On Jan. 10, 2021, BGCAPP began the second main plant munitions destruction campaign with the 155mm projectiles containing VX nerve agent. This marked the first time in 12 years VX nerve agent was destroyed in the U.S. On Feb. 9, 2021, the ACWA program executive officer recommended nerve-agent hydrolysate generated at BGCAPP be treated off-site using incineration. Bechtel Parsons Blue Grass announced Veolia Environmental Services near Port Arthur, Texas, would receive and destroy the hydrolysate. On April 25, 2021, BGCAPP marked the destruction of 25% of total agent stored at the Blue Grass Army Depot. On April 26, 2021, PCAPP workers reached a milestone with the elimination of more than 50% of total munitions stored at the U.S. Army Pueblo Chemical Depot. On May 28, 2021, the BGCAPP main plant destroyed all 155mm projectiles containing VX nerve agent. This marked the completion of the second munitions campaign for BGCAPP. On July 9, 2021, the BGCAPP main plant began destroying VX nerve agent M55 rockets, the third of five campaigns to be conducted at the plant and the first time rockets have been destroyed at the facility. On Sept. 4, 2021, the Blue Grass SDC completed destruction of the mustard-agent projectiles. The SDC unit then began adaptation to destroy nerve-agent-contaminated secondary waste and was renamed the SDC 1200. A second unit, the SDC 2000, was installed to destroy nerve agent rocket components and overpacked rockets.

On Jan. 14, 2022, PEO ACWA marked 75% destruction of the original chemical agent located in Colorado and Kentucky, with the safe elimination of 2,352 U.S. tons of chemical agent. On Feb. 19, 2022, the PCAPP SDC complex began operations with the destruction of the first 4.2-inch mortar rounds in these facilities. On April 19, the BGCAPP main plant safely completed destruction of the VX nerve agent M55 rockets. This marked the total elimination of VX nerve agent in the U.S. stockpile. On July 6, 2022, the Blue Grass team destroyed the first M55 rocket containing GB nerve agent in the start of the fifth and final munitions destruction campaign in Kentucky. The GB M55 rockets represented more than 50% of the original chemical weapons stockpile safely stored at the Blue Grass Army Depot. On July 20, 2022, the Pueblo Chemical Agent-Destruction Pilot Plant team completed the destruction of more than 383,000 mustard agent-filled 105mm projectiles, the second of three campaigns undertaken since chemical weapons elimination began at PCAPP. By Sept. 9, 2022, the Blue Grass team destroyed 50% of the chemical agent originally stored at the Blue Grass Army Depot during its fifth and final destruction campaign. While destruction of the total number of munitions at the depot passed the 50% mark Aug. 1, 2022, the 50% destruction of the chemical agent contained in the weapons took a little longer (the discrepancy in those amounts is due to agent weight variances among the different munitions). On Dec. 1, Pueblo crews began using improved technology to destroy 4.2-inch mortar rounds in the main plant.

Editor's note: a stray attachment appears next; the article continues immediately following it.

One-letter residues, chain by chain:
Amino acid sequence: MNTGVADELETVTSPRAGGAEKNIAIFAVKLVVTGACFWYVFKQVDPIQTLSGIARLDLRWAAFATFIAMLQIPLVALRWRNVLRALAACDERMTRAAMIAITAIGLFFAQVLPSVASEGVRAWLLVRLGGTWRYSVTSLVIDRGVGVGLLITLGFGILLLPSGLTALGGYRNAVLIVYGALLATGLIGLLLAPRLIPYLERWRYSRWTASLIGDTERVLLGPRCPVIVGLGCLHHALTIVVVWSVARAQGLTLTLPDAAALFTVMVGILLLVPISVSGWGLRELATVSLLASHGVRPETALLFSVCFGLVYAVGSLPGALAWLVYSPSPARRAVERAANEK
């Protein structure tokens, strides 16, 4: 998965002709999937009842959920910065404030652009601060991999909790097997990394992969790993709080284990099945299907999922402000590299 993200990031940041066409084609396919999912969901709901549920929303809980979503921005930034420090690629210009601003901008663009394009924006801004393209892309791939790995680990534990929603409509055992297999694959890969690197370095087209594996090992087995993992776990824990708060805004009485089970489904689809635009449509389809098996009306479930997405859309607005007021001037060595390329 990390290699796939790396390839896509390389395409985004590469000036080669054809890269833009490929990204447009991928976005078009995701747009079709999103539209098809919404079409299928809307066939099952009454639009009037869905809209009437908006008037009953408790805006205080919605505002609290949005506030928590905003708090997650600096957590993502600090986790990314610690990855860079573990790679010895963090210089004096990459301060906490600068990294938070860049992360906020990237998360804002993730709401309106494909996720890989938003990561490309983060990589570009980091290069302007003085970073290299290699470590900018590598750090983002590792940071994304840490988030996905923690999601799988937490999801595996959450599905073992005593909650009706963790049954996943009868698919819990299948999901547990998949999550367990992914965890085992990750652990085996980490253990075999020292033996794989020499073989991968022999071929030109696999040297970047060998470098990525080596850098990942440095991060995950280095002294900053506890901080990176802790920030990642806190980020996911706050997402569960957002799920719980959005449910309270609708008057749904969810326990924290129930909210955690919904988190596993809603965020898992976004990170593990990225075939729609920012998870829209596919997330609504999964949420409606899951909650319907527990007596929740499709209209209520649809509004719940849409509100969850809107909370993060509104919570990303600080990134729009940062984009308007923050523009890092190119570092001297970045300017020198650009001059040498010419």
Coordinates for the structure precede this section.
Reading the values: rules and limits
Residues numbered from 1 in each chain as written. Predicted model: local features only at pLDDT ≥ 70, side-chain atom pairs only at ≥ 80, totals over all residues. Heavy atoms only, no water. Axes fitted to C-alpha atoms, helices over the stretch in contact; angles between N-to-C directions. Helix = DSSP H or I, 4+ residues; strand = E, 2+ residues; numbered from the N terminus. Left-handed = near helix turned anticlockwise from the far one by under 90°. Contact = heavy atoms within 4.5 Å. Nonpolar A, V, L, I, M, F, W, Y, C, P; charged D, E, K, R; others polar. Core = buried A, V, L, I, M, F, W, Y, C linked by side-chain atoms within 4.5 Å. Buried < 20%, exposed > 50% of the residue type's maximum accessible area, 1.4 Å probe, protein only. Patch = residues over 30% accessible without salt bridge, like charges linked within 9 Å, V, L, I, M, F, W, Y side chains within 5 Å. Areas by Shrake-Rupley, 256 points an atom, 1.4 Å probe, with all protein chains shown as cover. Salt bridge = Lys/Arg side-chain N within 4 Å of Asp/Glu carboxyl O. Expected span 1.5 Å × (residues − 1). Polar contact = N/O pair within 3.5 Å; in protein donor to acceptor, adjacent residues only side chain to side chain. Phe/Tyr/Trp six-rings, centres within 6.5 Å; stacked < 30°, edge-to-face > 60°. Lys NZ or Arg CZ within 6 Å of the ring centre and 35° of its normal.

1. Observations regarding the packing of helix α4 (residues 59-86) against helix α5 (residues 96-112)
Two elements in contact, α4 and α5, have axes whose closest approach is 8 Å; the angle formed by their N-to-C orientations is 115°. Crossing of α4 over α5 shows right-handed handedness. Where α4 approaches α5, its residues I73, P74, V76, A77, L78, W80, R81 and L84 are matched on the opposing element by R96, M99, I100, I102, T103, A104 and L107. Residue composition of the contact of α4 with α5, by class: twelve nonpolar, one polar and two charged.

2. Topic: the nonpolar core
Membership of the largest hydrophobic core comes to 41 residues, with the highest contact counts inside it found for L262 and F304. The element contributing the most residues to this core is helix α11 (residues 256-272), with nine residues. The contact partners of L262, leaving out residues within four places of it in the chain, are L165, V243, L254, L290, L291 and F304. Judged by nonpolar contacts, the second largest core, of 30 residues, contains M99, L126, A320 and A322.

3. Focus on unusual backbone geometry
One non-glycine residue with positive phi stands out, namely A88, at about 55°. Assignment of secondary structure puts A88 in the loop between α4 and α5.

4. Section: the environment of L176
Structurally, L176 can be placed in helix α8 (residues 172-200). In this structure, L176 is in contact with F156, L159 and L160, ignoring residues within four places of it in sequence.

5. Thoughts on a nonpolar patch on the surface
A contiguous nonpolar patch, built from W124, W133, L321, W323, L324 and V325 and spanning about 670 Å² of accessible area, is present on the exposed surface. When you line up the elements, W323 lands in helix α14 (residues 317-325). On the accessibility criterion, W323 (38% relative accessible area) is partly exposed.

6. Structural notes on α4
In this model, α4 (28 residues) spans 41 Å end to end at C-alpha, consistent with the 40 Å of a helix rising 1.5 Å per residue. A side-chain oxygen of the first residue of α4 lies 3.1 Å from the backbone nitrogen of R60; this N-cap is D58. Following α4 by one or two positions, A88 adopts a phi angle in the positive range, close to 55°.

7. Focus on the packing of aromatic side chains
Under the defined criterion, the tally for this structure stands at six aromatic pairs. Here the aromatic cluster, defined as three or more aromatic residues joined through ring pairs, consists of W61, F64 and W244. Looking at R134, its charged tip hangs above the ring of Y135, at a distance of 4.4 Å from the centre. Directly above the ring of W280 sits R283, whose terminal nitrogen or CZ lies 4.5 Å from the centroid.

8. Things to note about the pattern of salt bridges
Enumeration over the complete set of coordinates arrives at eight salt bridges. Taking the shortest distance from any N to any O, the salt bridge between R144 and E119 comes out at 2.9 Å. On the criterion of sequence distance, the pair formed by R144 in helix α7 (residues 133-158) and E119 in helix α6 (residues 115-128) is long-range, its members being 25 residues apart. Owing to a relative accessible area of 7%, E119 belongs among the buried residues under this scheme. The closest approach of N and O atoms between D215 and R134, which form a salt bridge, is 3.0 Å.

On Jan. 27, 2023, operators at the Blue Grass Chemical Agent-Destruction Pilot Plant began destroying containerized rocket warheads drained of GB nerve agent using the SDC 2000. On June 22, 2023, the last munition in the chemical weapons stockpile in Colorado was destroyed at the Pueblo Chemical Agent-Destruction Pilot Plant. On July 7, 2023, the last munition in the chemical weapons stockpile in Kentucky was destroyed at the Blue Grass Chemical Agent-Destruction Pilot Plant. This marked the completion of destruction of the United States’ declared chemical weapons stockpile. On July 14, 2023, the Kentucky Department for Environmental Protection (KDEP) granted BGCAPP a Temporary Authorization Request to begin closure activities in the main plant. The permit modification request for closure was approved by KDEP Sept. 27, 2023. On Oct. 25, 2023, the BGCAPP SDC 1200 destroyed the first containerized rocket warheads that had been previously drained of VX nerve agent in the BGCAPP main plant.

On March 29, 2024, the Colorado Department of Public Health and Environment approved PCAPP’s main plant closure plan.

For additional program achievements and milestones visit our Program Timeline page.

For questions, visit the PEO ACWA Contact Us page to email or call the Public Affairs Office.

ACWA Values

Safety
Safe, secure destruction of the remaining U.S. chemical weapons stockpiles was the top priority of the PEO ACWA program during destruction operations. Now, the priority is the safe, secure closure of the Pueblo and Blue Grass plants.

Involvement
Our goal is to involve stakeholders at all levels in a manner that meets their specific needs.

Transparency
A program cornerstone is openness and honesty.

Cost Effectiveness and Prudent Stewardship
Economical and conscientious use of taxpayer dollars is imperative.

Empowerment
We vest authority commensurate with responsibility.

Overcoming Challenges
We value willingness to meet and conquer challenges through perseverance.

Diversity
We value an inclusive culture based on diverse backgrounds, experiences and views.